More detailed descriptions of the methods used here are available elsewhere (Zaki et al., 2008, 2009). In a stimulus collection phase of the study, targets (N = 14, 7 female, mean age = 26.5) were videotaped while talking about affective autobiographical memories (e.g., proposing marriage or the death of a loved one). Eighteen videos from 11 social targets were chosen for the final stimulus set, on the basis of their self-rated emotional intensity, and in order to balance the number of videos of each valence and target gender. The mean video length was 125 s (range: 72–177 s).
We examined target expressivity in two ways. First, trait expressivity was assessed through targets' responses to the Berkeley Expressivity Questionnaire (BEQ; see Gross and John, 1997; Gross et al., 2000). This measure captures targets' self-concept of how expressive they are (sample item: “when I'm happy, my feelings show”), and produced significant variance in our sample (mean BEQ score = 4.90, range = 3.69–6.47, SD = 1.02). In order to code “state” expressivity in each video, we used a behavioral coding system developed by Gross and Levenson (1993), which uses rules developed by Ekman and Friesen (1975/2003) to assess facial signs of emotion. We focused on the coding system's category: “affective intensity,” because it provides a single global measure of the strength of targets' non-verbal emotional displays (see Zaki et al., 2009 for more details). Two independent coders trained in the use of this system rated the average emotional intensity of each video, producing reliable ratings (Cronbach's alpha: 0.85; mean intensity score = 2.21, range = 1.17–4.02, SD = 0.61). As discussed elsewhere (Zaki et al., 2009) and found by others (Gross and John, 1997), targets' self-perceived trait expressivity as measured by the BEQ was correlated with the intensity of their non-verbal expressive behavior on a video by video basis, as assessed by independent raters (r = 0.28, p < 0.005).
Perceivers (n = 16, 11 female, mean age = 19.10, SD = 1.72) were scanned using fMRI while they watched all 18 target videos. While watching six of these videos, perceivers continuously inferred how positive or negative they believed targets felt at each moment; this will be referred to as the emotion rating condition. Under this condition, videos appeared in the center of a black screen; a cue orienting perceivers toward their task (e.g., “how good or bad was this person feeling?”) was presented above the video, and a nine-point rating scale (anchored at 1 = “very negative” and 9 = “very positive”) was presented below the video. Perceivers were instructed to change their rating whenever they believed target's emotional state changed in a perceptible way. At the beginning of each video, the number 5 was presented in bold. Whenever perceivers pressed the left arrow key, the bolded number shifted to the left (i.e., 5 was unbolded and 4 was bolded). When perceivers pressed the right arrow key, the bolded number shifted to the right. In this way, perceivers could monitor their ratings in the scanner.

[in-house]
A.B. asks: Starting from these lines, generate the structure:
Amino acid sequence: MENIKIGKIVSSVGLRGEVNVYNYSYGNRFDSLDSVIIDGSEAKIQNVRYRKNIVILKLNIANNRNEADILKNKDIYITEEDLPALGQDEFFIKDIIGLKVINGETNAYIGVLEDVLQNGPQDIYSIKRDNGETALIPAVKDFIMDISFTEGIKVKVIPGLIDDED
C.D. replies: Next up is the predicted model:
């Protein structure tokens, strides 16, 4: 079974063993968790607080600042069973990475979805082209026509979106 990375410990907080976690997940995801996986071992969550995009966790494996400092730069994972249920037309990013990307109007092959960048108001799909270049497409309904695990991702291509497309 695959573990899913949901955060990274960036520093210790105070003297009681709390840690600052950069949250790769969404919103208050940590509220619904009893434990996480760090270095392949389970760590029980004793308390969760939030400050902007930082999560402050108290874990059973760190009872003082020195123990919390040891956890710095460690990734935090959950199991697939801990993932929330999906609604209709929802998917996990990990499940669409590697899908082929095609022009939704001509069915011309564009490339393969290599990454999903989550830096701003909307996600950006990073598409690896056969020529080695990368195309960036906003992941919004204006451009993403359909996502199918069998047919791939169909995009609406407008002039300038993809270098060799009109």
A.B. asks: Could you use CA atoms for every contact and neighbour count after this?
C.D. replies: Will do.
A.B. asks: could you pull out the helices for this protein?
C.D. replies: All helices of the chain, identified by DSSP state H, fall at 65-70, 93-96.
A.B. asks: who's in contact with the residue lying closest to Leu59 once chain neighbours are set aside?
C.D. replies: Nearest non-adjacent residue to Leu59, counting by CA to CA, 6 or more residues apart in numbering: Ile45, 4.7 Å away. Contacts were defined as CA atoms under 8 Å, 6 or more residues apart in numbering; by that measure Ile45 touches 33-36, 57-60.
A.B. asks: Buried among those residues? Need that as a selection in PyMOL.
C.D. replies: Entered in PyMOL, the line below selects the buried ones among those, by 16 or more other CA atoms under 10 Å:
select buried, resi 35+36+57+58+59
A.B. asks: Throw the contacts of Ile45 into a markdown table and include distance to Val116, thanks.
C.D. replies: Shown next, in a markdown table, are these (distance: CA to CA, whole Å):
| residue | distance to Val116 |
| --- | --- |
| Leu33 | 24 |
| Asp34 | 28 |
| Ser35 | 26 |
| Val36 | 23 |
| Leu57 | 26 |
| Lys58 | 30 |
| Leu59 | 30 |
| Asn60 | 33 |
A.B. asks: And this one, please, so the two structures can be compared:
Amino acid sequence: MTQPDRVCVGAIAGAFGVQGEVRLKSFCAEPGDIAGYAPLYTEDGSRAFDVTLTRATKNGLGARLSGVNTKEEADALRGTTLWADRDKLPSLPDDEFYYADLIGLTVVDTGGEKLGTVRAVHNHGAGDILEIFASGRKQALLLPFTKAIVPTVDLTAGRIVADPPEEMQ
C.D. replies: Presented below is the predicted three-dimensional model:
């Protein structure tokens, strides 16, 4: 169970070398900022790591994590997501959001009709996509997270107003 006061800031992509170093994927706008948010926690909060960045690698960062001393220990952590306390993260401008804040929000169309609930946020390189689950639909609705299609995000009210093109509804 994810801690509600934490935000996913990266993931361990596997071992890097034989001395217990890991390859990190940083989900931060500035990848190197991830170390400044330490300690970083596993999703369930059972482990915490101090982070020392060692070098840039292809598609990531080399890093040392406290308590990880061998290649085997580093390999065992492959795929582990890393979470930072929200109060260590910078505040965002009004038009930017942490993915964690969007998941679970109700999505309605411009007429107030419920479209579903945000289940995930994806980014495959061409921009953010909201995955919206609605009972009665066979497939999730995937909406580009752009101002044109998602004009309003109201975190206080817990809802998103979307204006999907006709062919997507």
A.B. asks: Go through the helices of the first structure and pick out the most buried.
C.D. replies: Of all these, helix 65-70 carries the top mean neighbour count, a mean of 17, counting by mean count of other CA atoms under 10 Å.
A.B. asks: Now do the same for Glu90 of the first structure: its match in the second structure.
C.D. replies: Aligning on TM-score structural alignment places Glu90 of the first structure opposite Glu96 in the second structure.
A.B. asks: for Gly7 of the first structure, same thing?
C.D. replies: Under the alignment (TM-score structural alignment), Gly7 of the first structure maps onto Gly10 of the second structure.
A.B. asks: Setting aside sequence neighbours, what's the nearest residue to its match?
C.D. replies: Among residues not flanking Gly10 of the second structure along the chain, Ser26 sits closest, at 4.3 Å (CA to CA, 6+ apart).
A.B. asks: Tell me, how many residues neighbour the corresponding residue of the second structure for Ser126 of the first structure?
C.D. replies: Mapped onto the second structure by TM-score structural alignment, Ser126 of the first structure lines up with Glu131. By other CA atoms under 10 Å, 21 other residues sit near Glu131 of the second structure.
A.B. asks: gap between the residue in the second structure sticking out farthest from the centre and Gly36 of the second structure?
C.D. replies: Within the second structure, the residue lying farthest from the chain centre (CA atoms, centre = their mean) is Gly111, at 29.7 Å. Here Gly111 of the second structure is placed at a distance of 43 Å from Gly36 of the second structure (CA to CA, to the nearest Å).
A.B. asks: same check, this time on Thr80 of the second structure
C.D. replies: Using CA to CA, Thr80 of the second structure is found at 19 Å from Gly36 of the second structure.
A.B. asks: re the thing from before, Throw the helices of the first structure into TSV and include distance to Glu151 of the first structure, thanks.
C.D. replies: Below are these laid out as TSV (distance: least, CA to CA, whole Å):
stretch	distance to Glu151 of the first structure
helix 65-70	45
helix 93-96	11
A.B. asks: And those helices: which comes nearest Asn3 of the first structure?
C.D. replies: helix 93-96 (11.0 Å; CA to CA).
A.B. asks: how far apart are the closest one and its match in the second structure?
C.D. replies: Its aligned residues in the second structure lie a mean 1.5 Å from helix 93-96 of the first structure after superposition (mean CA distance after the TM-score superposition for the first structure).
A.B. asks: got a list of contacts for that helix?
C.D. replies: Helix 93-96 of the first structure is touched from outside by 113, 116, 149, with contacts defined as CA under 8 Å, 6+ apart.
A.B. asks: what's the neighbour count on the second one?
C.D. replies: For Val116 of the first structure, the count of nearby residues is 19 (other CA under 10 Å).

While watching six other videos, perceivers were instructed to continuously rate how far to the left or right the targets' eye-gaze was directed; this will be referred to as the eye-gaze rating condition. The protocol for this condition was identical to the emotion rating condition, except that the task cue (“where is this person's eye gaze directed”) and Likert scale (1 = “far left,” 9 = “far right”) oriented perceivers toward the target's eye gaze. This task allowed us to examine brain activity evoked by perceivers' attending to targets, but not explicitly focusing on targets' internal states1.
Perceivers viewed videos under emotion rating and eye gaze rating in a pseudorandomized order, designed to ensure that (1) equal numbers of positive and negative videos were viewed by each perceiver under eye-gaze and emotion rating conditions, (2) equal numbers of videos featuring male and female targets were viewed by each perceiver under eye-gaze and emotion rating conditions, (3) no more than two consecutive videos were viewed under the same task (eye gaze or emotion rating), and (4) a roughly equal number of perceivers viewed each video under each task condition (e.g., a given video would be viewed by eight perceivers under the eye gaze condition, and by eight perceivers under the emotion rating condition). Finally, six additional videos were viewed under another condition not discussed here (see Zaki et al. (2012) for details about this condition).